Alliance for Patriotic Reorientation and Construction
It is hard to imagine that even after all the negative press and bad imaging of the former ruling party, it has performed better than all the coalition parties but one. Grabbing 18 seats means a lot for a party that many thought would have suffered a natural death two years after its dramatic fall. But even without Foni, APRC has got about seven seats elsewhere, almost equal to the entire PDOIS seats. However, for the party to make a real comeback, it needs to stop relying on Foni for its political success and win big in other regions. That’s the only way for the party to test its strength post-Jammeh. Imagine what would happen if Foni eventually fall to one of the political parties. That will spell doom for the APRC; a coma that will lead to its natural death.

 

People Democratic Organisation for Independence and Socialism (PDOIS)
PDOIS performed abysmally poor in the just concluded LG polls. The seven seats that it grabbed shows how much work the party has to put in place to win the hearts and minds of the electorate. What is just happening to PDOIS? Is the party sticking to a strategy that continues to deliver the undesired results? Is a change of strategy and focus needed for the country’s second oldest party? Why has the party won just one seat in Banjul despite having a National Assembly Member there? How is it possible that it didn’t win more seats in Kanifing? Going forward, I think the party needs a lot of restructuring and more marketable and winning strategies that will be enticing to the electorate. It’s about time that this is acknowledged as a serious bottleneck and be diagnosed. Failing to examine this and change strategy will have the party at a losing end into all future polls.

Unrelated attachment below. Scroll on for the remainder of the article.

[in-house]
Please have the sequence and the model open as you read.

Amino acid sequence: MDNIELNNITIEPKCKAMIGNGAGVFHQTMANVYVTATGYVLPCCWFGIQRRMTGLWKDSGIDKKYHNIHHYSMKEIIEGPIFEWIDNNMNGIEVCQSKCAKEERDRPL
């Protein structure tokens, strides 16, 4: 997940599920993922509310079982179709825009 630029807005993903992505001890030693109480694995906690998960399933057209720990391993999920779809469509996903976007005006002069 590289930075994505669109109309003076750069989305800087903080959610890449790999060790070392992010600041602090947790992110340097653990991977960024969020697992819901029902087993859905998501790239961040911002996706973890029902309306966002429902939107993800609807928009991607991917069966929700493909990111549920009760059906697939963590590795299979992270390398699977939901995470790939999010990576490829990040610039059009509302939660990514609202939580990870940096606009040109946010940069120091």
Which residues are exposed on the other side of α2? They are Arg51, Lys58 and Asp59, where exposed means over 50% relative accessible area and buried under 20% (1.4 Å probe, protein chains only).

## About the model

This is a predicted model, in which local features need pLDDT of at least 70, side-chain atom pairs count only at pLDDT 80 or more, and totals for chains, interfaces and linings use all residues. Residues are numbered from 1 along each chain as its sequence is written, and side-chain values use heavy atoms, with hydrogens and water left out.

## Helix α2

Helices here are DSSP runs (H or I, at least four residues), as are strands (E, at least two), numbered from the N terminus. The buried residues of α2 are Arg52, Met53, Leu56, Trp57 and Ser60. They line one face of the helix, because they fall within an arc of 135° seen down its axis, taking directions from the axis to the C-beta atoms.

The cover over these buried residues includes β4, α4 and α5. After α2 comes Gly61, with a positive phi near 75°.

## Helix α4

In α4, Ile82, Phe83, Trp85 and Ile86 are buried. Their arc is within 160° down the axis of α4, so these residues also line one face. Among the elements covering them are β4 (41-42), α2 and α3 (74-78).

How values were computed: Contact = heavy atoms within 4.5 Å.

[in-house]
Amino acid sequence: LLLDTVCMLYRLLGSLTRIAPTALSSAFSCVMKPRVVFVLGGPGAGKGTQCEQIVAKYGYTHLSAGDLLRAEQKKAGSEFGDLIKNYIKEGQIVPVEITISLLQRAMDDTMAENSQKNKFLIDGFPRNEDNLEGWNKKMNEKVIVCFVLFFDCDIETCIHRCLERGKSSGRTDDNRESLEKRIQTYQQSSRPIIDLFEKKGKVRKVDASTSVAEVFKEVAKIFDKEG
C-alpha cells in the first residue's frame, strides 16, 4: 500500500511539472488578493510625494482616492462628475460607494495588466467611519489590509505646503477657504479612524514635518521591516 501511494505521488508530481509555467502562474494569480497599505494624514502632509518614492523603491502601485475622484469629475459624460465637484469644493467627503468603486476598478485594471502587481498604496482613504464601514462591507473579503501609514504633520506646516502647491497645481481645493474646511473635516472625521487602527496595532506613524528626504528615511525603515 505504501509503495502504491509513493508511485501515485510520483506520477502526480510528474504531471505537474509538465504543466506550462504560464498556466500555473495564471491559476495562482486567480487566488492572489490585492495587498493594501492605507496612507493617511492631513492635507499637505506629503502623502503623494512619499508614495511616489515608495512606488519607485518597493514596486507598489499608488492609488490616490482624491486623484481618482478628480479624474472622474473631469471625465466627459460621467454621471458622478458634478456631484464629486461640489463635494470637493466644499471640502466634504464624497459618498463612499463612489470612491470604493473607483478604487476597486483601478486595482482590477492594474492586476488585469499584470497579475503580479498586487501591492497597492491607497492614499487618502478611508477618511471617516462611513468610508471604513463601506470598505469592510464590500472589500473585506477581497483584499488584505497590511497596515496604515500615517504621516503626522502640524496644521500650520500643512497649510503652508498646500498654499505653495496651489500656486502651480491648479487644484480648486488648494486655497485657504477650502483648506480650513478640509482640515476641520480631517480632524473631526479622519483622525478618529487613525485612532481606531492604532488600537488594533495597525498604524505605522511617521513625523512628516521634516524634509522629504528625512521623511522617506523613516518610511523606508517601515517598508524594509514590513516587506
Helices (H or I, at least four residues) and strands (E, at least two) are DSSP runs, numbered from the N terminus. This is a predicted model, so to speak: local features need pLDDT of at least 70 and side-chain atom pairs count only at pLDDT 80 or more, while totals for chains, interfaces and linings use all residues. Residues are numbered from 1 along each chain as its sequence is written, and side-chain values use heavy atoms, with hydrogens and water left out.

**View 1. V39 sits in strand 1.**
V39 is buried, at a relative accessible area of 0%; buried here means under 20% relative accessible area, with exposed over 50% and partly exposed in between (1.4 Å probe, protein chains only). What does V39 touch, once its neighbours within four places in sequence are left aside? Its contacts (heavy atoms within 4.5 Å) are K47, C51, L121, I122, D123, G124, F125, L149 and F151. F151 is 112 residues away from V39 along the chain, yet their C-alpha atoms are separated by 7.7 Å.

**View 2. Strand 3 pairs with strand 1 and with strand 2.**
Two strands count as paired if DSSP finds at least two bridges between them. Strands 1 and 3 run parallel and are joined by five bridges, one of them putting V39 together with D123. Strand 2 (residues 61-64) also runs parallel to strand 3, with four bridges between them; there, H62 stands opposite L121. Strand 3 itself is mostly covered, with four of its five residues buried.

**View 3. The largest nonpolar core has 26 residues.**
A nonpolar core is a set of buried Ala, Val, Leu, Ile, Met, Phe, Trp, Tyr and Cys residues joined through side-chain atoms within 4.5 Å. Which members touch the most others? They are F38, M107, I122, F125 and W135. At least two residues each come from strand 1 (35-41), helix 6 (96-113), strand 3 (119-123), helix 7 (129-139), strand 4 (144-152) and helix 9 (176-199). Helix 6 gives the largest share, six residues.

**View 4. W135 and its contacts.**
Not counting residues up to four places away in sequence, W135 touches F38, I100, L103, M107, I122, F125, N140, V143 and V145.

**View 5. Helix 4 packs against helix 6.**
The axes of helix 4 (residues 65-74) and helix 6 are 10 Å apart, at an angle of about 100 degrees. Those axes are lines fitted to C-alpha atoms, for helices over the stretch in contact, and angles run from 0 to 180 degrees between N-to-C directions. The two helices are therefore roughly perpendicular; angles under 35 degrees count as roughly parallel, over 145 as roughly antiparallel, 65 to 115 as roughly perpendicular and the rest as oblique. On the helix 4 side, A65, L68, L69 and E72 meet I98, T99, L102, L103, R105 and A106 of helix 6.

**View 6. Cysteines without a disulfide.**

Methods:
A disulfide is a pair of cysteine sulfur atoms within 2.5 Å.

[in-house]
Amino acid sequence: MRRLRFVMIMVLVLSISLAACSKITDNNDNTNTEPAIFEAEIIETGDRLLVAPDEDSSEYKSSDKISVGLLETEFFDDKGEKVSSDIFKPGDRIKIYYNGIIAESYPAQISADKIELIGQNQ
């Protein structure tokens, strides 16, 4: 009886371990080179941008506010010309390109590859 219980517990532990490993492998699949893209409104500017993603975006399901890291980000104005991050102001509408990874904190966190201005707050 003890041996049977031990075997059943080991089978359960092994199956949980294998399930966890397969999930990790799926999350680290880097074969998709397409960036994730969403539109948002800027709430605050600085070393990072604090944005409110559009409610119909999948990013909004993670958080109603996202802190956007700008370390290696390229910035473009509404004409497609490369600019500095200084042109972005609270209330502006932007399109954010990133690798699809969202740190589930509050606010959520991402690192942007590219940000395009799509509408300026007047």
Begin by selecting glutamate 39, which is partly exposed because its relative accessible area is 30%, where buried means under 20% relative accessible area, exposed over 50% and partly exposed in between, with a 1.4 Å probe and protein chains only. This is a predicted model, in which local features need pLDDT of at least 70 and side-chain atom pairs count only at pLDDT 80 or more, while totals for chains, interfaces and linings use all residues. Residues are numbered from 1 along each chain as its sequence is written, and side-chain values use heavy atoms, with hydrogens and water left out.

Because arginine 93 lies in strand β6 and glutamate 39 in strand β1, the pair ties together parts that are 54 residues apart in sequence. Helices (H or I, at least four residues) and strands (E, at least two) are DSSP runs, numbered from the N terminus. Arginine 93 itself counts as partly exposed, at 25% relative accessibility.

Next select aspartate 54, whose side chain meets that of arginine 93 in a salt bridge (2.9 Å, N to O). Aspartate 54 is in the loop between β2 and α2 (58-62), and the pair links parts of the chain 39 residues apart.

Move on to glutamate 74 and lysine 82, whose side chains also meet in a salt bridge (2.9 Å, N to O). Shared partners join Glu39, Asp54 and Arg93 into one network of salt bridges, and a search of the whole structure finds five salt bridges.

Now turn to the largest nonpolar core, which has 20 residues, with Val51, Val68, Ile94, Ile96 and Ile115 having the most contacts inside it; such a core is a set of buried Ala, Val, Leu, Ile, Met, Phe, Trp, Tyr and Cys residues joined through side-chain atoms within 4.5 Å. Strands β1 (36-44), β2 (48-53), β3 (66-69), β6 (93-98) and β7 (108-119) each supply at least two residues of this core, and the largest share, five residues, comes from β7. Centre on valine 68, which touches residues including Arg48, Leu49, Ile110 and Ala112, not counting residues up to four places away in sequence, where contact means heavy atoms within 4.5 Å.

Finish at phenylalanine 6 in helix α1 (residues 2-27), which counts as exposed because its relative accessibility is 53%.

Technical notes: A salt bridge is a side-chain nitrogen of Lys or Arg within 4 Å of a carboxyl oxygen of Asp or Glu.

National Reconciliation Party
The NRP has also recorded one of its worst political performances. Winning just five seats throughout the country is an indictment on the party’s leadership. It shows the enormous task at hand for this party. Despite being a key coalition government member and a strong leadership presence in the National Assembly, the party has not delivered the desired results.

 

The Gambia Moral Congress
The red party has made zero performance in this election. After a well organised congress that drew its delegates across the country, my thoughts were that the GMC was ready for a major showdown in the future elections. I thought that they were galvanised and would henceforth make their mark in our politics. But seeing it consoled itself with just a seat is very painful for a party that is trying to rebrand.

 

People’s Progressive Party
Just like the GMC, PPP cannot think that the status quo must remain the same with just a seat. Being the oldest political party in the country, it carries a lot of significance. It led The Gambia to independence and dominated our politics for more than three decades. Just like the PDOIS, this party also needs good restructuring and better strategies for any political influence in the future. Else it will just be at the mercy of alliances and coalitions.

 

Biggest losers
The biggest losers in this election are the Gambia Party for Democracy and Progress (GPDP) and National Convention Party (NCP). It is sad to see these parties come out of the polls with just dusts. These parties need reality checks and serious evaluation of the essence of their existence. If I were the leader of one of these parties, I would have simply tendered my resignation at dawn for a more energetic leadership to lift the party. The best they could do is merging as one political party or simply integrating with one of the bigger parties. That’s their only chance. A failure to have even one ward to their name is unacceptable in a democracy where the ground is leveled for their participation.

Views expressed above are mine in my capacity as a private citizen.